There are plenty of successful people, but their successes aren’t extraordinary. How they failed on the way there? Those are some interesting stories.
The Only Thing Constant in Life is Change… and Failure
Last night I felt like I failed, right before I felt like a million bucks. It was about 9:15pm or so and I was lying in my bed with my iPad open about to do some writing to keep up with my 60 days of creating a writing habit. During the day I had only written a single haiku and it was not a good one. I was tired from a long day single parenting and hanging out with my daughter in 115º weather in an inflatable pool. Just as I started to type out the title of my writing for the evening, I heard the door open.
There stood my daughter, stuffy in hand.
“I miss my mommy,” she said.
My heart sank. My parents divorced when I was about her age and every time she says something like that it brings back my own childhood traumas and pains. I empathize so much with those words and there’s very little I can do to help when I hear them.
“I’m sorry, sweetheart. I know that’s hard. It’s okay to miss people. I understand. What would you like to do?”
“I want to sleep in your bed.”
“Honey, you’re five and a half and about to start kindergarten in a couple of months. We need to start being a big girl and I’m sorry but you can’t come sleep in my bed. Would you like me to snuggle with you in your bed?”
I couldn’t help but feel like a failure at that moment for three reasons:
- I felt like I didn’t give her enough love, affection, and attention during the day to supplant the emotion of yearning a kid of divorced parents experiences. I felt responsible for her sadness; a totally horrible feeling to have.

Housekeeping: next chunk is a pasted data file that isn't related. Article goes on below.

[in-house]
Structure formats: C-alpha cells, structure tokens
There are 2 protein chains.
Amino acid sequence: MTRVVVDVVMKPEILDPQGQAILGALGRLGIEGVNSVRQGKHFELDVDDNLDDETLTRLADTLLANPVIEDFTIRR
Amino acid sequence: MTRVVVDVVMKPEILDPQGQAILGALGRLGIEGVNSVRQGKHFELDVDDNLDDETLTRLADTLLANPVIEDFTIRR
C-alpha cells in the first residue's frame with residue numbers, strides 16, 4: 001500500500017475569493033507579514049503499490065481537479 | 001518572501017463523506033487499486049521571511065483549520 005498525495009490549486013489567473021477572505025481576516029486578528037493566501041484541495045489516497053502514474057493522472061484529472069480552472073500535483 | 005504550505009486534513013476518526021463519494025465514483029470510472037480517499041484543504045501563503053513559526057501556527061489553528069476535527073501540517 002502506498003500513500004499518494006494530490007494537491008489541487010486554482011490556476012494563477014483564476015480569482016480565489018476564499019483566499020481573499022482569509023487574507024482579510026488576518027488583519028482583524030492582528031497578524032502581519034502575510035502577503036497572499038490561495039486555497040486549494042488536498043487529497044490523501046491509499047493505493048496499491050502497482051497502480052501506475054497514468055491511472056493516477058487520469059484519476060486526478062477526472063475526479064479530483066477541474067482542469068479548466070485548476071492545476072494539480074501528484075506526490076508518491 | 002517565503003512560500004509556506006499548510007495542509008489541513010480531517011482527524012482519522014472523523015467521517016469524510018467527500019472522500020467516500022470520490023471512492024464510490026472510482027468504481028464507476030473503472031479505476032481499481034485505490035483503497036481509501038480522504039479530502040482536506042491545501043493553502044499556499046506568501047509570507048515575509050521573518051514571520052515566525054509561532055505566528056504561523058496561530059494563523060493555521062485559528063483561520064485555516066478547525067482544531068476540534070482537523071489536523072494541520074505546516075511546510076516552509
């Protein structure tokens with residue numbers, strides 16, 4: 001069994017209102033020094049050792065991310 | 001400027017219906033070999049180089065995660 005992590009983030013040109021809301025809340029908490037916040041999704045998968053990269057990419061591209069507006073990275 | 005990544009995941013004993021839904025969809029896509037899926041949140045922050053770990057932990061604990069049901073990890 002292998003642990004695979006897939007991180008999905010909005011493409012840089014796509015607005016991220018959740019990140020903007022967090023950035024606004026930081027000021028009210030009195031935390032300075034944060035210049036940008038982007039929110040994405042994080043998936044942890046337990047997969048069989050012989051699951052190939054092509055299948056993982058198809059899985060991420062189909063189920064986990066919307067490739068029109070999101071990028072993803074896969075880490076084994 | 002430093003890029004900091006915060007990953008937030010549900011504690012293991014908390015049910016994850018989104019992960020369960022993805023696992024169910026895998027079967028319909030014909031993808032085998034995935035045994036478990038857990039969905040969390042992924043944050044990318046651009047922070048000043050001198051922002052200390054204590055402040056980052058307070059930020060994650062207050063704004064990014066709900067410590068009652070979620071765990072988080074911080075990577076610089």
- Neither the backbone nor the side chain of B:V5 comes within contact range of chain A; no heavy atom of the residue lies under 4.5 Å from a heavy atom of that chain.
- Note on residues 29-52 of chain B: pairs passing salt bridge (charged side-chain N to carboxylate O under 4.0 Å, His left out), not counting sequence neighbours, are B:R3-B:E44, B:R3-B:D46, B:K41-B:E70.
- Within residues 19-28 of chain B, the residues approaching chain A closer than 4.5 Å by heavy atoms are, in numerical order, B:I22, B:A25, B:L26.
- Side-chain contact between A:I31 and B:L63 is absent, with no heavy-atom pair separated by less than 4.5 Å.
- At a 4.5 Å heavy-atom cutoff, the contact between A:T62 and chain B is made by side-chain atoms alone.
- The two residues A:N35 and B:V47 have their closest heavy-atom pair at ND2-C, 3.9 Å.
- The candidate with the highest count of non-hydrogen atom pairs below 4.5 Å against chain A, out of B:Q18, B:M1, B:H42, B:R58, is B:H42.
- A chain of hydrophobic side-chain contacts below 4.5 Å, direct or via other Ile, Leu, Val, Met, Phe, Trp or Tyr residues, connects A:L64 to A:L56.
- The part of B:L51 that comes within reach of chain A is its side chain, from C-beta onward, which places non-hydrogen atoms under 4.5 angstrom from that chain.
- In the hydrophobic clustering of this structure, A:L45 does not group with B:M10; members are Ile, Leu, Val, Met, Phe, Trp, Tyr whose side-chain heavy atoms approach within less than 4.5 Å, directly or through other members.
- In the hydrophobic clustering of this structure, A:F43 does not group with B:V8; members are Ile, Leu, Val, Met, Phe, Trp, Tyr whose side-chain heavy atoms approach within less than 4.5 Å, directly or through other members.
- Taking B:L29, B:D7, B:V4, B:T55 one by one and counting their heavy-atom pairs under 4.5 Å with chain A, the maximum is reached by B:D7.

- I knew I probably wasn’t going to end up publishing anything online for day 6 of 60 for creating a writing habit.
- I knew I was going to be tired in the morning and therefore not be able to finish up some writing for work I wanted to get done before the day started.
And so, I snuggled with her in her bed after putting some ocean sounds on the HomePod mini. I laid there stroking her hair, telling her everything was going to be okay, and that she was an amazing little girl. Expounding upon how smart she was, how proud of her I was, and talking about how I really enjoyed our day together.
She fell asleep. Then I fell asleep.
I woke up at 11:30pm; the sound of her faintly breathing in and out, deep in slumber, accompanying the drone of the fan and the sounds of the ocean. I couldn’t help but smile as I slowly and carefully extracted my arm from underneath her head, tucked her in, and walked into my own room.
I breathed a heavy sigh.
I forgave all of my three failures:
- I don’t have any control over her feelings. It’s normal for a child to miss a parent when they’re gone. It’s not my fault, at all, that she feels sad. I’m a very good father and I’m getting better at it every day.
- I did write something. It wasn’t great, but I did write something. And I also never promised myself I’d actually publish something online every day for 60 days, just that I’d write.
- There’s always work to do. My child is my priority in my life. I will get my stuff done for work tomorrow, and getting it done a few hours later than I wanted to is not going to make or break the success of it.
And I slept like a baby.